In a later editorial, he reflected on how students should respond to the onslaught of communist revolutions--expressing an exuberance for learning, an appreciation for the power of history in providing context, and a faith in democratic institutions that, for Felker, would be enduring themes. "Study and become well-informed, because education is the first step toward peace. Have unshakable faith--in democracy and the American way of life and above all have faith in God, and His divine wisdom."

     To some extent, Felker was a force on every student publication. He was an assistant editor of Duke and Duchess, a humor magazine edited by Peter Maas '50. For one of his contributions, Felker interviewed a professional humorist named Max Shulman. ("How do you get to be a successful writer?" went one of his questions. "Poverty isn't an essential, of course, but it helps make a man work," answered his subject.) For The Archive, edited by Robert D. Loomis '49, he wrote a short story about a twenty-four-year-old aspiring writer, a New Yorker, who is struggling to come up with a fresh idea.

     Maas, who went on to become an investigative reporter and author of books including Serpico and The Valachi Papers, worked on Felker's Chronicle. He says Felker served up the moment that gave him his start in journalism. Walter Reuther, president of the auto workers union, had been moved to Duke Hospital after being shot in an apparent mob "hit" attempt. "He's down at Duke and nobody can get to him--no reporters," Maas recalls. "They're going crazy. They want to get all the details on the attempted hit. And Felker says, 'You've got to go over and interview him.' And I say, 'Look, nobody can get to him.' " Felker told him to find a way.

     And Maas did, walking through the hospital carting a pile of books--an image chosen to make him look more like a preoccupied student than a determined student journalist. He found Reuther's room unguarded, and he walked in. "I said, 'I'm from the Duke Chronicle, the student paper, and I'd like to interview you. He said, 'Sit down.' I guess he was dying to talk to somebody." Maas ended up with an exclusive interview, which was picked up by the Associated Press.

     Felker's time at Duke was twice interrupted. During a three-year military hitch, beginning in the fall of 1943, he worked for a Navy newspaper, Blue Jacket, and was trained by the Navy in photography. In the fall of his junior year, 1948--the year of his Chronicle editorship--he was expelled for staying out with his date beyond the Woman's College curfew. He would marry his romantic partner, Leslie Blatt (he's since said that college-age individuals are "just too young" to handle the responsibility of marriage); he was allowed to return in the fall of 1950, and finally earned his degree in 1951.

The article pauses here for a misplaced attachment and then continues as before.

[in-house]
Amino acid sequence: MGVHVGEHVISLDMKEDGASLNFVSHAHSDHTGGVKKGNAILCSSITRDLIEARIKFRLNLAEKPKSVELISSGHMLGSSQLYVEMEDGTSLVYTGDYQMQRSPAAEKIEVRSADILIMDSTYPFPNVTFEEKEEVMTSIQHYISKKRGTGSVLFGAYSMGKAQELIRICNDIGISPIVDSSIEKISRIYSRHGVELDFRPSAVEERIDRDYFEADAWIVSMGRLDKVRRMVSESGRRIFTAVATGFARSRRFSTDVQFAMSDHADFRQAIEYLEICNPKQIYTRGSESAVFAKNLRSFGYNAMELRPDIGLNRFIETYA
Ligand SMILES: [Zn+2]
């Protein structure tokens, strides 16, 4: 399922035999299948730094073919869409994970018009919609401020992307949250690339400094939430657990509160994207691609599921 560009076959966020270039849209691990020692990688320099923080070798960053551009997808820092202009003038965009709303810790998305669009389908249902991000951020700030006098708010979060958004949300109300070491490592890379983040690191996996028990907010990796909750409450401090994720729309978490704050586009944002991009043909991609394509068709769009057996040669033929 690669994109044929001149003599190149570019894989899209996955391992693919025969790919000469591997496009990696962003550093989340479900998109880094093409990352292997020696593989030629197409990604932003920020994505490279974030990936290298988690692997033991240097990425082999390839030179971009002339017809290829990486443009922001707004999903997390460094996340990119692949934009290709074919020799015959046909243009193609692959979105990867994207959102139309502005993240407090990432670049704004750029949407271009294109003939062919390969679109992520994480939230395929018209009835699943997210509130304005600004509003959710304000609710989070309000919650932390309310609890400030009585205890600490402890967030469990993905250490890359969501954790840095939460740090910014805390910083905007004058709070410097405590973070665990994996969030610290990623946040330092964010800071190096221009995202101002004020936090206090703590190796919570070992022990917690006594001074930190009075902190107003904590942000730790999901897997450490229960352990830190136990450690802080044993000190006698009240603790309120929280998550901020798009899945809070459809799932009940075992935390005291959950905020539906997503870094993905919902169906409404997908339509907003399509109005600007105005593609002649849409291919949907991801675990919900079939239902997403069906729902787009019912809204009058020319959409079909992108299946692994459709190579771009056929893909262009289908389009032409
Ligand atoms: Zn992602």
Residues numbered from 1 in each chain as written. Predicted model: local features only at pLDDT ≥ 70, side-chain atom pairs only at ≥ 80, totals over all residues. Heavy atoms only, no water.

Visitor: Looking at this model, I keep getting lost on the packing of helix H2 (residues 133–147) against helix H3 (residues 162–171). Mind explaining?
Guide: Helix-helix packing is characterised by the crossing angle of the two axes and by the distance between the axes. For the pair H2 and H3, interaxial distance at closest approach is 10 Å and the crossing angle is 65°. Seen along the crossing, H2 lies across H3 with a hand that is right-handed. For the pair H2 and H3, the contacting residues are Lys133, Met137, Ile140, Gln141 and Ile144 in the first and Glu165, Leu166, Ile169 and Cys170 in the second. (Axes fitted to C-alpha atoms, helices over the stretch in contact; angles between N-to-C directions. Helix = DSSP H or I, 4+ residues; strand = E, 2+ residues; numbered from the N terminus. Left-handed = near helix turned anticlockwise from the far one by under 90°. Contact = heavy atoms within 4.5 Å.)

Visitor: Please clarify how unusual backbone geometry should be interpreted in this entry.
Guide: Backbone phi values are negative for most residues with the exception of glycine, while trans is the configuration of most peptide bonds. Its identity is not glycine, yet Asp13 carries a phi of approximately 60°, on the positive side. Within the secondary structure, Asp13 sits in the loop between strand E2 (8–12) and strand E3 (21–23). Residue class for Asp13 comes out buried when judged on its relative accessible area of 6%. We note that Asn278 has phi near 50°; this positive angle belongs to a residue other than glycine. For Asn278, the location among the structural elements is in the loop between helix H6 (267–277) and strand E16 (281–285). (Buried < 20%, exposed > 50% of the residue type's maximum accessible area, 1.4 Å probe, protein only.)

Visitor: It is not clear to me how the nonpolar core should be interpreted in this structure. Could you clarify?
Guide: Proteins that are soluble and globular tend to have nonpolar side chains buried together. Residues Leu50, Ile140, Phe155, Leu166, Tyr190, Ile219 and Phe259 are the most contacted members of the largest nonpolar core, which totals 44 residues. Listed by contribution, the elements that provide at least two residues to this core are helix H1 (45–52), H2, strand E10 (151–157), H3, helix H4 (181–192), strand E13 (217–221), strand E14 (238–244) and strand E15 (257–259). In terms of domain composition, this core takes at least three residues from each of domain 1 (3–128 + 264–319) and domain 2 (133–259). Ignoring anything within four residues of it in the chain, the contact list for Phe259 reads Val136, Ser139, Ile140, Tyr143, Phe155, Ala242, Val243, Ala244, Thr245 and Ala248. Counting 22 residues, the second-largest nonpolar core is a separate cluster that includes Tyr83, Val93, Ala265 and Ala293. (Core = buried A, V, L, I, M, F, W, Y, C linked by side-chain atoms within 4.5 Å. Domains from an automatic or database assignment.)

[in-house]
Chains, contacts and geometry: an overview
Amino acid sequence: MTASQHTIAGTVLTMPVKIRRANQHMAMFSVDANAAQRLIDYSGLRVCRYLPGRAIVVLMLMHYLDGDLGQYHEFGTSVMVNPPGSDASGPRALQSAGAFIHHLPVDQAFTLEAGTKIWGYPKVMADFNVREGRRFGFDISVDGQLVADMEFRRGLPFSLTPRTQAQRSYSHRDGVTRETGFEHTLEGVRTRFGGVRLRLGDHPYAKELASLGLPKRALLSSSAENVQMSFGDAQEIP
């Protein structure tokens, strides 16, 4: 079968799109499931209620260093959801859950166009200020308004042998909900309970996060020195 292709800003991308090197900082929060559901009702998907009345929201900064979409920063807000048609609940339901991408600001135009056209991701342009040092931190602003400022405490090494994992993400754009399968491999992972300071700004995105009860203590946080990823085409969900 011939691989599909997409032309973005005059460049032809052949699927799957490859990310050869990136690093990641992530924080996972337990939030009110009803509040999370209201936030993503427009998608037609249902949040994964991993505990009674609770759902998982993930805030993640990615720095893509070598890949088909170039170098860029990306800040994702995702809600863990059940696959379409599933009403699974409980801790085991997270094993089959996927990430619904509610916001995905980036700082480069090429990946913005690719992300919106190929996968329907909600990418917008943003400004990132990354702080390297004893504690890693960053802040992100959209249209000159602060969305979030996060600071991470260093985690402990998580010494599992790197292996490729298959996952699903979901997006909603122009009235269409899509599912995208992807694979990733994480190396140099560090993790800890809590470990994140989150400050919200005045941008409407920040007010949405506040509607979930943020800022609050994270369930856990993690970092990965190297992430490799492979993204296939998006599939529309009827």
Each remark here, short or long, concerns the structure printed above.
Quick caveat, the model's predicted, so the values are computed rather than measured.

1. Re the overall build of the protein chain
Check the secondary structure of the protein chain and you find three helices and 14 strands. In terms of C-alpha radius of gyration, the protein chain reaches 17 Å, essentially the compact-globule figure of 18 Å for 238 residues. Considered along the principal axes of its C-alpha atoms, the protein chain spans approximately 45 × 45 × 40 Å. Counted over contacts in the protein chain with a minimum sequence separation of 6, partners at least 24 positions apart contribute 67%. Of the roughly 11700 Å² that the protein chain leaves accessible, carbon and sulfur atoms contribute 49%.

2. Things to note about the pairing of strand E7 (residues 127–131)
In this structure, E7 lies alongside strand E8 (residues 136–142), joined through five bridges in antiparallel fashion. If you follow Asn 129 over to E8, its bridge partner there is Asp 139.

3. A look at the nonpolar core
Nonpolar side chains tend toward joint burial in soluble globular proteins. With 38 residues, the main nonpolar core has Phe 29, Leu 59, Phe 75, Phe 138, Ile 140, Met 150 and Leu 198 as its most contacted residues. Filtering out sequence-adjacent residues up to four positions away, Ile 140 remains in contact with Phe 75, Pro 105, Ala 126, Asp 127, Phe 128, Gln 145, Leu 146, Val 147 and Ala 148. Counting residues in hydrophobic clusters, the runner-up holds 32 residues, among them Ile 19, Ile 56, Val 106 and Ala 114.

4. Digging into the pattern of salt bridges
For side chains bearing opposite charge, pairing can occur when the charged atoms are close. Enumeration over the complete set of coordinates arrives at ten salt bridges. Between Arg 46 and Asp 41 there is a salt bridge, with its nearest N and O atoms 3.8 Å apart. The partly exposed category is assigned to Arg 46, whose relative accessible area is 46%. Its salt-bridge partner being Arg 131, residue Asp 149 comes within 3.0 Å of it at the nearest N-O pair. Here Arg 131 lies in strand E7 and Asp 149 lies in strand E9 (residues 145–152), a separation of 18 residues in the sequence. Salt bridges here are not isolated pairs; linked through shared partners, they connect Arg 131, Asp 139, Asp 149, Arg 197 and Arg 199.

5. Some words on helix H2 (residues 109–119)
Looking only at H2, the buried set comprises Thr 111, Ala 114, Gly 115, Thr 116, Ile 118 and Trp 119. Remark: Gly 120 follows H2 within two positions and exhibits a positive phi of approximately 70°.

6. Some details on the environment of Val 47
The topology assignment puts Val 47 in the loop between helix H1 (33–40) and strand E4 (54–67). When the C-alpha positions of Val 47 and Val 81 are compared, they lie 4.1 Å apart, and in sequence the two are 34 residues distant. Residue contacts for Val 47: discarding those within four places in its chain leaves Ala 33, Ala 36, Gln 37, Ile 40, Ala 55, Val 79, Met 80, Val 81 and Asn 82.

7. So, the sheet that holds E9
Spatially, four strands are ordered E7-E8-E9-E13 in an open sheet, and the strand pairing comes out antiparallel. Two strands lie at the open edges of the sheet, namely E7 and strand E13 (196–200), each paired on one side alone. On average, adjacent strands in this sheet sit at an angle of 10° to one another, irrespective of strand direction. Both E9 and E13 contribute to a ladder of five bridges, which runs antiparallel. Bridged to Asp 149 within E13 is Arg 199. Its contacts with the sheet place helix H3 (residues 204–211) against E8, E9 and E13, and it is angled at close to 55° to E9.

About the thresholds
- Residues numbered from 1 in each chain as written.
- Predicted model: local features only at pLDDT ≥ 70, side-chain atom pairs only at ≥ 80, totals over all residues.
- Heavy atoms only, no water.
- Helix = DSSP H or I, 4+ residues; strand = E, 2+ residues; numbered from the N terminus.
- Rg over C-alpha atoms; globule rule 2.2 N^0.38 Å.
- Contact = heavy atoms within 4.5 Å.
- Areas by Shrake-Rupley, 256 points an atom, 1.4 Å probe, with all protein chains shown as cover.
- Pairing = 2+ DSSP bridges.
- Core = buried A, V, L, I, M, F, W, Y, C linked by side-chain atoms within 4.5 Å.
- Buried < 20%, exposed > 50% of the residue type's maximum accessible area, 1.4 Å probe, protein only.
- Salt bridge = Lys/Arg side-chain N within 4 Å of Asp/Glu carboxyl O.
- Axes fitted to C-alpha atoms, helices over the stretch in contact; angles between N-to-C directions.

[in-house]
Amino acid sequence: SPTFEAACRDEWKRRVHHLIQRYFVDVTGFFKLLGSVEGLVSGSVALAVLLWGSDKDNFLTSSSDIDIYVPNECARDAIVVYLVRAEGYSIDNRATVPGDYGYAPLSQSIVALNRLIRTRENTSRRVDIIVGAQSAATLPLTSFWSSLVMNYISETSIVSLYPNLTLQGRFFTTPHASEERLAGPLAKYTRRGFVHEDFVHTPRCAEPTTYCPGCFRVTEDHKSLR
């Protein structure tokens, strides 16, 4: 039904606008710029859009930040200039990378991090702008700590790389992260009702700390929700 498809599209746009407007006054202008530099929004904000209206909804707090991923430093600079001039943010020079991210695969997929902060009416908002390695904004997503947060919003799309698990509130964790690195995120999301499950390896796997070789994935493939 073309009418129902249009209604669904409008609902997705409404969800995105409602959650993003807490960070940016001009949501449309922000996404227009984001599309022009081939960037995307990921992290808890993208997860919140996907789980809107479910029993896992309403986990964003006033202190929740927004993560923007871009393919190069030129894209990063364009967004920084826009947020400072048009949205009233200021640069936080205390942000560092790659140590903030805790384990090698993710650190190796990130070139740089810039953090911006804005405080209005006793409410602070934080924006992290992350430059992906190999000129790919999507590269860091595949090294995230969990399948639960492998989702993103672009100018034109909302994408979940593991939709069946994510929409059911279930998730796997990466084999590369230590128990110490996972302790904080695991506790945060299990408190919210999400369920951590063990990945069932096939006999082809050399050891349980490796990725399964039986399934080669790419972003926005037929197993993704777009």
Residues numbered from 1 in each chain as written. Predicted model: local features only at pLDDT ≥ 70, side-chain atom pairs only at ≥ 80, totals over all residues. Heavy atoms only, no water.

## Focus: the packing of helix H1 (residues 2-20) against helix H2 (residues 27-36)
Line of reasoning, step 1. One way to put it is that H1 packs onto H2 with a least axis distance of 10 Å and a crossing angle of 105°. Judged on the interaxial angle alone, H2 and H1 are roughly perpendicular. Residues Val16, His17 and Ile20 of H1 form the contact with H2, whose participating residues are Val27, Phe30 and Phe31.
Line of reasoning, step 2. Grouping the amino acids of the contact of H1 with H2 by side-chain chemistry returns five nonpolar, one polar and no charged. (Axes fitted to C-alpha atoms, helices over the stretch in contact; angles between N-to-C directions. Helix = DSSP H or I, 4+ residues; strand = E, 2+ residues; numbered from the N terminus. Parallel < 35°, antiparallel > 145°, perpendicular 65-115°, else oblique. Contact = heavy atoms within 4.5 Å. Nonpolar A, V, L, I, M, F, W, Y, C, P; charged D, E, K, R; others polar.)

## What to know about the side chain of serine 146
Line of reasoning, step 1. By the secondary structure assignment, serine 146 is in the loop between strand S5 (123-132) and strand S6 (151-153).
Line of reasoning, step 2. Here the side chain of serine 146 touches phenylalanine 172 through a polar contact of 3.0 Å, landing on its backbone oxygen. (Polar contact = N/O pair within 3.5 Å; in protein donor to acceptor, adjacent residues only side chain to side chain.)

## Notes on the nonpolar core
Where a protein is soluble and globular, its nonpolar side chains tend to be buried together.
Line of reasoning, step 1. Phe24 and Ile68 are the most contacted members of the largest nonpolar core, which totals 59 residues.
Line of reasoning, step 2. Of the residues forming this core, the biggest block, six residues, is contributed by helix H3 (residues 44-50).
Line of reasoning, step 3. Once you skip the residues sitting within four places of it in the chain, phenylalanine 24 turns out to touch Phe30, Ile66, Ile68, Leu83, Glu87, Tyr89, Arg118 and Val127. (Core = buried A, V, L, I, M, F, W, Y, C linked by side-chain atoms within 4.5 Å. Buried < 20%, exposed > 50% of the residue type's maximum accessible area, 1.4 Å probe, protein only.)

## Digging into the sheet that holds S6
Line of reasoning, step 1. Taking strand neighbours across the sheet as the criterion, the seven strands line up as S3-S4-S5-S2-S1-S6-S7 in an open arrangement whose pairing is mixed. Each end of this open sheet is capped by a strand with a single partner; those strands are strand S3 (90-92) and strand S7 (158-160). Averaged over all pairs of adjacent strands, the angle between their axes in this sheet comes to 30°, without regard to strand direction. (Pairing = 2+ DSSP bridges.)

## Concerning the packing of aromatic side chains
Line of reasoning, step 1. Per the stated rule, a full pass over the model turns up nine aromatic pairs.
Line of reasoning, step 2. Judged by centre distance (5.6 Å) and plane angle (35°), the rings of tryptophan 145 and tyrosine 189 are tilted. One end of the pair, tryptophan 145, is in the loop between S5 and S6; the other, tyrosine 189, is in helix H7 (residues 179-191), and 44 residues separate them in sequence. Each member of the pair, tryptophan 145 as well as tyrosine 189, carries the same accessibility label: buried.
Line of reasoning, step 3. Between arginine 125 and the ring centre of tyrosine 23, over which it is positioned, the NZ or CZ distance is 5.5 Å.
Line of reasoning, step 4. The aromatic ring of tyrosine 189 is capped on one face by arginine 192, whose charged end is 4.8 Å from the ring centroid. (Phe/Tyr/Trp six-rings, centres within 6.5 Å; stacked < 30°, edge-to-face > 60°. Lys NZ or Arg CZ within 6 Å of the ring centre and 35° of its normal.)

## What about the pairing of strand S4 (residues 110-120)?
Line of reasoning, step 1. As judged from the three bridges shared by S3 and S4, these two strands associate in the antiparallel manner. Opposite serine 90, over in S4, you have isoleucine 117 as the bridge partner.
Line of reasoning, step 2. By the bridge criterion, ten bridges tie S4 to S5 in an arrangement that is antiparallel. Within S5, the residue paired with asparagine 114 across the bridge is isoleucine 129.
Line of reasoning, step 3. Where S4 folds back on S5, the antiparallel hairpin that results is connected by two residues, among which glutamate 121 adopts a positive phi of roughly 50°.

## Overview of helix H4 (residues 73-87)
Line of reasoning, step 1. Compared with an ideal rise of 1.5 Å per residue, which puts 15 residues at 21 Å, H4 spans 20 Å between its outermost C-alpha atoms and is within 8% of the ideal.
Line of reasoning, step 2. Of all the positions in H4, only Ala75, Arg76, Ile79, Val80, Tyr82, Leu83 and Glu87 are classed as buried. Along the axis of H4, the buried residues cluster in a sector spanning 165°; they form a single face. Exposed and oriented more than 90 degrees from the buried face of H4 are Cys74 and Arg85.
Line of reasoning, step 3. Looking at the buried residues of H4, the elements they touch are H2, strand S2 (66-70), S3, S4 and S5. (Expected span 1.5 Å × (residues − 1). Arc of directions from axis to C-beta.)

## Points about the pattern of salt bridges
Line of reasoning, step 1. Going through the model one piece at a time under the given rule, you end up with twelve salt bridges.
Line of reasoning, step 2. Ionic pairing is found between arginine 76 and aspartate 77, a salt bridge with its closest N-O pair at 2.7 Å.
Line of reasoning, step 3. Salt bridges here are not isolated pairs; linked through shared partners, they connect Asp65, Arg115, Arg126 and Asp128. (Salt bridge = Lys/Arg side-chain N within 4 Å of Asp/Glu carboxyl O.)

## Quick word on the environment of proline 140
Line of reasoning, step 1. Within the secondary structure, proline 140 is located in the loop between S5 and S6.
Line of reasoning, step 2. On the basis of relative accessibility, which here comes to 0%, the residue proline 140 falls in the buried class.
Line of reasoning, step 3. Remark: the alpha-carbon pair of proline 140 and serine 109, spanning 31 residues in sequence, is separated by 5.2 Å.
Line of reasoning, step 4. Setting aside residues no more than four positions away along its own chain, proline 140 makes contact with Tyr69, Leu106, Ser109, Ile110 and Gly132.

In that interim period, Felker got a job with the New York Giants baseball broadcast group. He traveled with the team and worked as a statistician. He also contributed daily stories on the team to newspapers that didn't have their own traveling correspondent, and wrote on occasion for his father's Sporting News. Felker says that sports was never particularly interesting to him. But because of his father's connections, sports was his route into journalism; and he had a hard time changing paths.

     After he graduated, he began with Life as a sports writer. His earliest scoop came from a secret Brooklyn Dodgers scouting report on the arch-rival New York Yankees. Enterprising effort got him the report: He managed to strike a common bond with the scouting official, another native of Webster Groves. "There was one striking item in the report: that Joe DiMaggio's arm was shot, his throwing arm, and that it was only strong enough to make one throw a game from the outfield. So after that one throw, anybody who hit a ball to him could run unimpeded.

     "Well, DiMaggio is a very proud man. And although he had a very good series, he quit baseball after that. And the Yankees never forgave me: They accused me of causing DiMaggio to quit baseball. Well, he was at the end of his career and he might have quit on his own. In any event, that's what happened. And whenever I would have to cover the Yankees, they wouldn't let me sit in the press box, they wouldn't answer my questions."

     Because of his sports seasoning, Felker was put on the development staff of a new Time, Inc. sports magazine. He considers that move a turning point in his professional life. Some years later he told an interviewer: "In that unit--which was isolated in that vast Time, Inc., building--we also had financial people, promotion people, advertising people. We were all working together as a unit in a compartmentalized corporate style.... So for that first time I saw all the elements of the publication being put together."